This wasn't good. I looked around for a call button and none existed. "Okay" I thought, "let's try the other side. Surely a parking garage doesn't close." So that's what I did and instead of a walk I was now running. So picture this, I'm wearing my nicest pants, shirt with a tie, and dress coat and I'm running down this dark alleyway in downtown Indy after midnight. I was running because I didn't know where Kyle was and I didn't want him to have to wait at the office for a long time because after all my phone was dead and this delay was not good.

When I got to the other side of the building I saw a carbon-copy of that picture. Again, no signs that says when it closes and no call button. A sign on the down ramp stated that the garage was, indeed, "closed." Closed? But it's a parking garage. This couldn't be happening.

I now sprinted full speed towards the doors of the building because, maybe, the doors were closed because it was cold? With each entrance I tried I got the same horrible result; a locked door. This was not good.

Panic began to set in. I didn't know where Kyle was and my phone was dead and I wouldn't be able to call him if I had another phone because I don't know his number. What was I going to do? Sleep on the sidewalk? I could go to a hotel but a room in downtown Indy surely would cost at least an arm and half a leg. Wait a sec! A hotel, maybe someone left a phone charger in a room and there might just be one at the front desk in a lost and found pile.

With that thought I ran full speed towards the hotel across the street. I burst into the front door and approached the front desk where a weary traveler was checking in. I waited for seemed like 13 years, but it was probably more like 45 seconds, and when I got to the desk I asked, if by chance, there would be an iPhone charger I could borrowed. My hopes were dashed when she, the front desk lady, said no, but then I explained my ordeal and she replied, "What do you mean closed? That garage never closes! Okay, let me see."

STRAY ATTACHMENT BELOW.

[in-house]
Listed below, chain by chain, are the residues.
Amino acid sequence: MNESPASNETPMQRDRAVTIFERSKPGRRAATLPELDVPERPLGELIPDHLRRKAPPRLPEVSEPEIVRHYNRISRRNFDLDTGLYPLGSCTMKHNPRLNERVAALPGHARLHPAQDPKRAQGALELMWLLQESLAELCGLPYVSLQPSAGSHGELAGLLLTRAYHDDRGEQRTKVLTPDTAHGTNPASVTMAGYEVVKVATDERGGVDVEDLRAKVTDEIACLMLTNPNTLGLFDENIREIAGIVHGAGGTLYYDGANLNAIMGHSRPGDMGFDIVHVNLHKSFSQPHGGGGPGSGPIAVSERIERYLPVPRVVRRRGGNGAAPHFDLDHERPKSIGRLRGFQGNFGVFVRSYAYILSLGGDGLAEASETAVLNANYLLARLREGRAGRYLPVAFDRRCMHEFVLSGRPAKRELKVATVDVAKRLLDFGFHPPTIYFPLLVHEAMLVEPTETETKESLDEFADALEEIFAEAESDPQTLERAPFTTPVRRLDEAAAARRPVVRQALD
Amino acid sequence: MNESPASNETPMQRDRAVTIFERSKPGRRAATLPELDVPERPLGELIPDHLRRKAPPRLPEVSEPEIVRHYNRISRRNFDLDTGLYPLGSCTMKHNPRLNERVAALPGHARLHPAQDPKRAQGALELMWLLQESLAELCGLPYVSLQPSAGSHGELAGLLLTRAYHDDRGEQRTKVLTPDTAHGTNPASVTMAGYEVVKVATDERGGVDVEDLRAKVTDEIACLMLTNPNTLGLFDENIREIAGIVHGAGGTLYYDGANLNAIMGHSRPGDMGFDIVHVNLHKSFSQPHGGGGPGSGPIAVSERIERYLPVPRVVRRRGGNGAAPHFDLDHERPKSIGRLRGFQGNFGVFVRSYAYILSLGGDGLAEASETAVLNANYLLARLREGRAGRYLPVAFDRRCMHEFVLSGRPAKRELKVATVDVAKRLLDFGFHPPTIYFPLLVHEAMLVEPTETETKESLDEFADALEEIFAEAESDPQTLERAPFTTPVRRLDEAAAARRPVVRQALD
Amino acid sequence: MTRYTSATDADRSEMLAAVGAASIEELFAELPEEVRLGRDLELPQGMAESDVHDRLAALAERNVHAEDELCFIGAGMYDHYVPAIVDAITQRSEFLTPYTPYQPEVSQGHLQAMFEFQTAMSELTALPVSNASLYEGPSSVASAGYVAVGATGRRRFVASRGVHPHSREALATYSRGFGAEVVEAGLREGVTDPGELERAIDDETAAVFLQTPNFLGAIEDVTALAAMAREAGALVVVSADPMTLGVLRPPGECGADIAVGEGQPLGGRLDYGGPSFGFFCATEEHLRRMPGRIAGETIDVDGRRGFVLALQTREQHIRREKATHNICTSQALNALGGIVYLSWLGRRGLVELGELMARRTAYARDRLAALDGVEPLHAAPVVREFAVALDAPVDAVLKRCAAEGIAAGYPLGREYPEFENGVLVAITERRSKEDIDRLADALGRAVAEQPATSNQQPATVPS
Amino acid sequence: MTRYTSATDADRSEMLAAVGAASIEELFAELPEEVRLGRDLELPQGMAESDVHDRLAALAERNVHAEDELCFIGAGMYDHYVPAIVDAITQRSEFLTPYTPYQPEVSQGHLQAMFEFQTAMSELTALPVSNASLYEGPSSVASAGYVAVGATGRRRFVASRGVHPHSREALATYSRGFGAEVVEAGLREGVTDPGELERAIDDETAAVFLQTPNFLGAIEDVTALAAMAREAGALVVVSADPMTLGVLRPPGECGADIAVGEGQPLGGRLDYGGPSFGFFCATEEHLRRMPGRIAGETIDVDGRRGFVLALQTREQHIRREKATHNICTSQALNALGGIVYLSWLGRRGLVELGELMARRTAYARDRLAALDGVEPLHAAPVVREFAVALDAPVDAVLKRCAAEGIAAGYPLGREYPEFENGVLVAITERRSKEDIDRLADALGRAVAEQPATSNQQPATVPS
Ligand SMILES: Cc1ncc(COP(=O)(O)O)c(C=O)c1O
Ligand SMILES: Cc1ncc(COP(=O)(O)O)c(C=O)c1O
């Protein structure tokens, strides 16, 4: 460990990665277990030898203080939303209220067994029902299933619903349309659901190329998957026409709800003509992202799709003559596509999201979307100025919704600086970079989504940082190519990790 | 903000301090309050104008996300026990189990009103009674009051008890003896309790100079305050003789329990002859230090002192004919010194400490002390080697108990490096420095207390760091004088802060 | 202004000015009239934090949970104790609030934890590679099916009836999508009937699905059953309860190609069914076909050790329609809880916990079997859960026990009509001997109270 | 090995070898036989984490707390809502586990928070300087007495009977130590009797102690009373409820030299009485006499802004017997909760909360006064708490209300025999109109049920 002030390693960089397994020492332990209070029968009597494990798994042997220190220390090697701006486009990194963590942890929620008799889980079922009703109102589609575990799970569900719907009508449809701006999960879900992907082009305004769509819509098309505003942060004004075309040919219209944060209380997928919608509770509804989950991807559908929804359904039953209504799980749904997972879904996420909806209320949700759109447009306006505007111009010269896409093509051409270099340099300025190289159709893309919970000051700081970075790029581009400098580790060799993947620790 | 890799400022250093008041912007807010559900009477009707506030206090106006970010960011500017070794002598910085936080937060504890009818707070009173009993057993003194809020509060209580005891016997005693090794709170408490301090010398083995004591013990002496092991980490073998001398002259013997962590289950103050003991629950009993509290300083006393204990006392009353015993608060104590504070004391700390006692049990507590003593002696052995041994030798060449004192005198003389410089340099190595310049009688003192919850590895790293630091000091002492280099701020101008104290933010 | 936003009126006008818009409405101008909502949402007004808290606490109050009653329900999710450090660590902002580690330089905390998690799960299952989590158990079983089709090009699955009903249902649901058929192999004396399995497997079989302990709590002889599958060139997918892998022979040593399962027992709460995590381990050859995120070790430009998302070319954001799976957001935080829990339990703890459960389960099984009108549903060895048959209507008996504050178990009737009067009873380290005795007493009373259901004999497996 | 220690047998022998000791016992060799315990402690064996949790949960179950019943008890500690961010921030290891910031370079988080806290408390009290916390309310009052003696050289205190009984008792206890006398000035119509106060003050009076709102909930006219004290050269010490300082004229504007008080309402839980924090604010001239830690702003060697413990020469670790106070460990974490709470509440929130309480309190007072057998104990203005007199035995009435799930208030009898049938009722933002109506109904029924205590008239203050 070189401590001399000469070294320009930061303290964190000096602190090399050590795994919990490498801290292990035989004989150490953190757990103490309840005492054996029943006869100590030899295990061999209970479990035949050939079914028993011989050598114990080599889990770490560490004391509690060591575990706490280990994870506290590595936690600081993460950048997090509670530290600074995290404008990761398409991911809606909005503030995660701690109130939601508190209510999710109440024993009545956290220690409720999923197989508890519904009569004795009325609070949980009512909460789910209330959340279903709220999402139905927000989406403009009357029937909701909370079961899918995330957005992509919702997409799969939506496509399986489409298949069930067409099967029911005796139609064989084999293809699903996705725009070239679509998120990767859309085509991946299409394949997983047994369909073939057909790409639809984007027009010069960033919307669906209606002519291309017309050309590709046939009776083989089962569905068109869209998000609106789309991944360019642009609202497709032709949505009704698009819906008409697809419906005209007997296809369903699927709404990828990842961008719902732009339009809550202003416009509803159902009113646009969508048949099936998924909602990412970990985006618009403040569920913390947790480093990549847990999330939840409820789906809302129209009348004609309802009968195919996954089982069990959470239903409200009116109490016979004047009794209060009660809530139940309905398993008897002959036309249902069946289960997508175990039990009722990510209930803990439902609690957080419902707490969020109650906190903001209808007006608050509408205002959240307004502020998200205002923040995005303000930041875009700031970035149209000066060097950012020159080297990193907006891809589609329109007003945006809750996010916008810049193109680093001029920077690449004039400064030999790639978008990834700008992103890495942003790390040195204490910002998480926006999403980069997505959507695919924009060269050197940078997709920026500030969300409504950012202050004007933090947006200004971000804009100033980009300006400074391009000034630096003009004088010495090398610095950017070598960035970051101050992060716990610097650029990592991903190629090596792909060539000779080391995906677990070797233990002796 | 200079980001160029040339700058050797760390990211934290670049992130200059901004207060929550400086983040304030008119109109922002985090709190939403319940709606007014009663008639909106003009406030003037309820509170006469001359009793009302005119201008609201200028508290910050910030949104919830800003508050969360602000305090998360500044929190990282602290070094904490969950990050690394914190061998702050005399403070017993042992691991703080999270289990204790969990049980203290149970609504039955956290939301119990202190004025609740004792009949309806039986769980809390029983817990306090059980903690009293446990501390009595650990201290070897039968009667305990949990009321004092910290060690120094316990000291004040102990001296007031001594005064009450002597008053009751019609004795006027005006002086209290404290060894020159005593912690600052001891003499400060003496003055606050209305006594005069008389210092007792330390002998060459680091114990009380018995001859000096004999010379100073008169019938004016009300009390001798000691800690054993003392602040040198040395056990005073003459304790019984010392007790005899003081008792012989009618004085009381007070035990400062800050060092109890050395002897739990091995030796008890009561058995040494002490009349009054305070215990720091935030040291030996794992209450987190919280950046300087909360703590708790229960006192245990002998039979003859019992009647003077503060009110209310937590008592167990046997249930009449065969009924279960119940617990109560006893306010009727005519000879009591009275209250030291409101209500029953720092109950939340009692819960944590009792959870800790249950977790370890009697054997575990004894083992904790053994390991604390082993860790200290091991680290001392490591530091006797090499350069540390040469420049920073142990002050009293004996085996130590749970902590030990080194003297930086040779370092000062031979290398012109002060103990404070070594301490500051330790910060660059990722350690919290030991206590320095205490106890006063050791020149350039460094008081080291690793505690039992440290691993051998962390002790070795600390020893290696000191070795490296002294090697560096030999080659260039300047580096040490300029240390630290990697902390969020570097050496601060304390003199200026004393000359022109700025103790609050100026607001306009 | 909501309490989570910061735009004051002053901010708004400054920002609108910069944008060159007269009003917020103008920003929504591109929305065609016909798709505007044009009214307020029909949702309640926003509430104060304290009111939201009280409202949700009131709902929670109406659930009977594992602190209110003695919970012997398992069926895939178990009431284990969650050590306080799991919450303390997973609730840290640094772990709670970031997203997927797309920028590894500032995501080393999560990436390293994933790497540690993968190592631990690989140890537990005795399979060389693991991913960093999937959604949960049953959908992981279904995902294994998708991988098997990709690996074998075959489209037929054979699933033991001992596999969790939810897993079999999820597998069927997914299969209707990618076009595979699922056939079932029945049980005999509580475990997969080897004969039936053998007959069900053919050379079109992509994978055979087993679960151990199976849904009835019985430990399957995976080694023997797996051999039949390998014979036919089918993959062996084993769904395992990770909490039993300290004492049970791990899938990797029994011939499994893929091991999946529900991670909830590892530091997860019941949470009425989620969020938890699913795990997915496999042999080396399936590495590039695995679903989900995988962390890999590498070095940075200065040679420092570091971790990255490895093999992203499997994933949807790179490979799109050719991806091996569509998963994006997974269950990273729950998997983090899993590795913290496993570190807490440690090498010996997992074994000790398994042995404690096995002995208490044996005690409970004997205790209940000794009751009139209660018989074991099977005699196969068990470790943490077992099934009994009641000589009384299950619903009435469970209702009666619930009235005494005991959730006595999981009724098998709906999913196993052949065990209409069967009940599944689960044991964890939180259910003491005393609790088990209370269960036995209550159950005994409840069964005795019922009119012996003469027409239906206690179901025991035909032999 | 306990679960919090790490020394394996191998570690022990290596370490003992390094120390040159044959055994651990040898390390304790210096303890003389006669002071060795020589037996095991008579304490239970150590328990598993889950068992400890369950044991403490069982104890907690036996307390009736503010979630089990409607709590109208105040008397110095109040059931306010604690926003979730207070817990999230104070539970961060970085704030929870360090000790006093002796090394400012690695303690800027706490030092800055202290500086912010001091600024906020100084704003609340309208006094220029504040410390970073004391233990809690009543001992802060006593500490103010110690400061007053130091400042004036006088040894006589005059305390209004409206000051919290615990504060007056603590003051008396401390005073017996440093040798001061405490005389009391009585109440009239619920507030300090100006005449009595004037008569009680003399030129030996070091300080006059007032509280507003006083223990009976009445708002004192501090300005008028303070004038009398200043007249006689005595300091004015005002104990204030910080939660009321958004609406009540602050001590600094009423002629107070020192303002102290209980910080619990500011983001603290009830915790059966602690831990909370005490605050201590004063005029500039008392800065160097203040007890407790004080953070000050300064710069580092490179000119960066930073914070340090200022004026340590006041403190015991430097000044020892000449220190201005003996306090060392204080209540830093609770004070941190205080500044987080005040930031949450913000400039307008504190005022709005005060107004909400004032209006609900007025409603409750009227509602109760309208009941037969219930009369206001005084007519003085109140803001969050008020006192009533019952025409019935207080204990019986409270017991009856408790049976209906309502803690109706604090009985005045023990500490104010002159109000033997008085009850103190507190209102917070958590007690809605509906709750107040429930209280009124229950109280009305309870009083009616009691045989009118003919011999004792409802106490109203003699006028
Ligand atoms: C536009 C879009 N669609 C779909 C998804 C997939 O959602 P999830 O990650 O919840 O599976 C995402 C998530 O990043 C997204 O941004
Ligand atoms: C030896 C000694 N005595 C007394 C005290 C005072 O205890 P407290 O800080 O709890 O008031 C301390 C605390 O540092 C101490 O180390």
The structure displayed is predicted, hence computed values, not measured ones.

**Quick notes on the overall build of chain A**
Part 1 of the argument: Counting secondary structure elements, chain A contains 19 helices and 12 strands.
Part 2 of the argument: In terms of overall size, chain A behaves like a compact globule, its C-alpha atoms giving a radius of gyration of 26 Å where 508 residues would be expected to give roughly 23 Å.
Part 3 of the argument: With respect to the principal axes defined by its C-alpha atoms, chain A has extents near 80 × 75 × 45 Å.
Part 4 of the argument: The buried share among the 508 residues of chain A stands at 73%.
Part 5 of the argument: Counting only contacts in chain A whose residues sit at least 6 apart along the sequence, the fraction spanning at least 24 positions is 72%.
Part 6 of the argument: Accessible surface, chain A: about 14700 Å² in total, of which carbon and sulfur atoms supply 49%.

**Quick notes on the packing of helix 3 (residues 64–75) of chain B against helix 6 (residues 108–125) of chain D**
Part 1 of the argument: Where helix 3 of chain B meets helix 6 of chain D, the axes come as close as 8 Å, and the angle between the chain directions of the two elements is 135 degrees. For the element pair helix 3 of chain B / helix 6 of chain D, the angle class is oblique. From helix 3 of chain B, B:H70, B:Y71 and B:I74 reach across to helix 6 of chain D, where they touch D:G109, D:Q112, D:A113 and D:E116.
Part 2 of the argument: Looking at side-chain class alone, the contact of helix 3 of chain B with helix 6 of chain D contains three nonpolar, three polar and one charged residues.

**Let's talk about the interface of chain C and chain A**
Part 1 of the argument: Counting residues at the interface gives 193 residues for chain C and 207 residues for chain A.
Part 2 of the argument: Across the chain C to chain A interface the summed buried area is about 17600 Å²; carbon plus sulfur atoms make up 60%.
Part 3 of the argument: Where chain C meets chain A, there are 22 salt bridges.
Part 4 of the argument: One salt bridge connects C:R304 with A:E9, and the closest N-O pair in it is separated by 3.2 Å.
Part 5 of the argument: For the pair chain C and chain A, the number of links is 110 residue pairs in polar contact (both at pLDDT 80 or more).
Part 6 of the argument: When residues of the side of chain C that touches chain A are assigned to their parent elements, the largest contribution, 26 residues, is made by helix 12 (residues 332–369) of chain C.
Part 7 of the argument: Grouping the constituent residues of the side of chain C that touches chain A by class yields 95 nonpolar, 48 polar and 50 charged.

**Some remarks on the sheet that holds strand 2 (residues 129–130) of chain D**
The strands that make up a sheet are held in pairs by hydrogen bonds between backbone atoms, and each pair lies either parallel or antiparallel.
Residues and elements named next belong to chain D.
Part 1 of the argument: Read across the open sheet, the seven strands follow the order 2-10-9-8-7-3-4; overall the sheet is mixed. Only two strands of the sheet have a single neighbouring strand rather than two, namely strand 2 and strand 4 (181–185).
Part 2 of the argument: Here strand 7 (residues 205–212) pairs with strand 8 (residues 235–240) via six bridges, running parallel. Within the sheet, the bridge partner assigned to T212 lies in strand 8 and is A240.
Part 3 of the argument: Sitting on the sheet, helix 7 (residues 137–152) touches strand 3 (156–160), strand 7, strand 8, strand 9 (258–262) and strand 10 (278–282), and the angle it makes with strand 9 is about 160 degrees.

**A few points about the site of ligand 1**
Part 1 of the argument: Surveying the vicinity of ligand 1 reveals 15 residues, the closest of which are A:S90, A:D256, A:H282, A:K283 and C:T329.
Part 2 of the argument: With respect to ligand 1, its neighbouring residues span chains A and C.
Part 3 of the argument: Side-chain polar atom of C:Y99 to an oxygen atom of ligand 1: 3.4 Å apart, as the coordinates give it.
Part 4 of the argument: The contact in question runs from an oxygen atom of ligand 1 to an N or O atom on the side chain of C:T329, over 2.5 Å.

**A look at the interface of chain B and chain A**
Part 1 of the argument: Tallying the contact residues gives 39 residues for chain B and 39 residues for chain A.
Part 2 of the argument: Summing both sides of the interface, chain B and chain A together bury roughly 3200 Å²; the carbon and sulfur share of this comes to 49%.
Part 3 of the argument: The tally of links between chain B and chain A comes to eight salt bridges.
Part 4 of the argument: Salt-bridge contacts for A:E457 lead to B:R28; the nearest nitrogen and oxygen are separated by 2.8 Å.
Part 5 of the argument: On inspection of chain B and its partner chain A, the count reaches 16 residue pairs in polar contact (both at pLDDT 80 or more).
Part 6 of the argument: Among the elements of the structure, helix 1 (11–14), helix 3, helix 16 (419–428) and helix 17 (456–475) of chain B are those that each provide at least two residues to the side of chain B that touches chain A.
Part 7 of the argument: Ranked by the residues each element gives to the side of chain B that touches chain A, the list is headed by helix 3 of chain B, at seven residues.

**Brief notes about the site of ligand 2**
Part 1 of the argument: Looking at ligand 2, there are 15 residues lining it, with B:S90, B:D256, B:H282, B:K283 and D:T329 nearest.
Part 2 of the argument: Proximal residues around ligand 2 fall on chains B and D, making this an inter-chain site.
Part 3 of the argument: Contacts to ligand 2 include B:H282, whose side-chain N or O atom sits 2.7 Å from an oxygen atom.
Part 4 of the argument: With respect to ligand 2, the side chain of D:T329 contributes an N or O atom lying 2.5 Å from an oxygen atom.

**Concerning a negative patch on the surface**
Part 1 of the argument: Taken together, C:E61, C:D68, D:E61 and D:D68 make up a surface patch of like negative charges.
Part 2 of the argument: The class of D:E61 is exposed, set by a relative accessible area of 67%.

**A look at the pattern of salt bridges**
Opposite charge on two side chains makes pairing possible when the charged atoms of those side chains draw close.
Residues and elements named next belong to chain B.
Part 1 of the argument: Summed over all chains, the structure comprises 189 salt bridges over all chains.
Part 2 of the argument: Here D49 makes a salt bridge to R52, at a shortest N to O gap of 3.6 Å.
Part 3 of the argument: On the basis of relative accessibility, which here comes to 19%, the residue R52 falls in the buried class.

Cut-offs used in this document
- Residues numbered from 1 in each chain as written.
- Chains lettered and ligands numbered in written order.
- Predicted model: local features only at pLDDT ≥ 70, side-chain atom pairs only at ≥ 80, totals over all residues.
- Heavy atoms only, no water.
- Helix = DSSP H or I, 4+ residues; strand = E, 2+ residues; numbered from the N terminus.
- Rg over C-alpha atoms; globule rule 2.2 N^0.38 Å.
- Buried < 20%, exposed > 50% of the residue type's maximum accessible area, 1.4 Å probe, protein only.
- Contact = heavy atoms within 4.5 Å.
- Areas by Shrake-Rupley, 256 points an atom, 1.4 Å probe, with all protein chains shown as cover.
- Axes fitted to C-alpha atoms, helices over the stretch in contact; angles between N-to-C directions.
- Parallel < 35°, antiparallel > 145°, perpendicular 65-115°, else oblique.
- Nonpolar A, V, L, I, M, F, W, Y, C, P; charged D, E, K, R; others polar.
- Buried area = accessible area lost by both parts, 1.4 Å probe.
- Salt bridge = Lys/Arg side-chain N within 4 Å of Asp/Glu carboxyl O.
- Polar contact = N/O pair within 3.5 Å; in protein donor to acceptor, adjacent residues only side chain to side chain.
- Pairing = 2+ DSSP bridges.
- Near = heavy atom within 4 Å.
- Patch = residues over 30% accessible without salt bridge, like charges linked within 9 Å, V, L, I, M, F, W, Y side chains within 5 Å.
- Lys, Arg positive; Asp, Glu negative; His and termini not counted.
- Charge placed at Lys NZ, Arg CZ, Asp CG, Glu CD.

Another 13 years passed as I awaited what I hoped to be her return with a charger. Okay, this time it was more like 15 seconds, but if I didn't get a charger I had no idea what I was going to do. If everyone had departed the banquet I would have NO WAY to communicate to anyone what was going on. Kyle would get to the office and I would never show up. Nothing good was going to come from this so I started whispering under my breath, "please please please have a charger" and sure enough she came out from the office with a charger.

She handed me the charger and she said, "That will be $5" so I got out my wallet and she then said, "I was just kidding. Wow, you really thought I'd charge you $5?" I didn't give a spoken answer but just looked at her befuddled. This probably would have been a highly awkward social situation for me but I was solely focused on getting my phone charged.

I plugged in the phone and when an iPhone's battery is completely dead you can't simply plug and go; you've got to wait until the phone as a minimal charge before you can use it. This amount of time seemed like a century. Okay, I'm on a streak of time exaggeration this post but this was about five minutes that I sat... and I sat... and I sat...

Finally, there was the beep and my phone was on. I got to the section on my phone that allows me to call, but my phone was also checking e-mail, text messages,, words with friends, and who knows what else so my phone took it's time not realizing the mess that had been going on while it was sleeping.

When I got through to Kyle I told him I had a problem and my parking garage was closed. "Closed? What do you mean closed?" He too had never heard of such a thing but thankfully he hadn't left downtown so he asked me where I was and after a short conversation he told me to go back to the site of the banquet.

With the briskness of a sprinter I ran back towards where this story began and once there I got in Kyle's car and he again asked me to explain just what exactly I meant by the fact that I couldn't get to my car. I explained and we drove to the garage. We parked in the dark alley I had ran through and he got out to confirm the fact that my car was not in a place that could be reached.

While he took the exterior tour of the building I had done I sat and I thought that 1. what an odd thing to happen and 2. I couldn't believe I had the idea to ask a hotel if they had a phone charger and then to actually carry through with the idea. I'm not one to ask for help, but sometimes I guess I have the power to amaze myself.

Kyle came back and said something like, "I can't believe it. You were right. This garage is closed." And with that we went towards his place with all my luggage sitting in my car locked in the parking garage.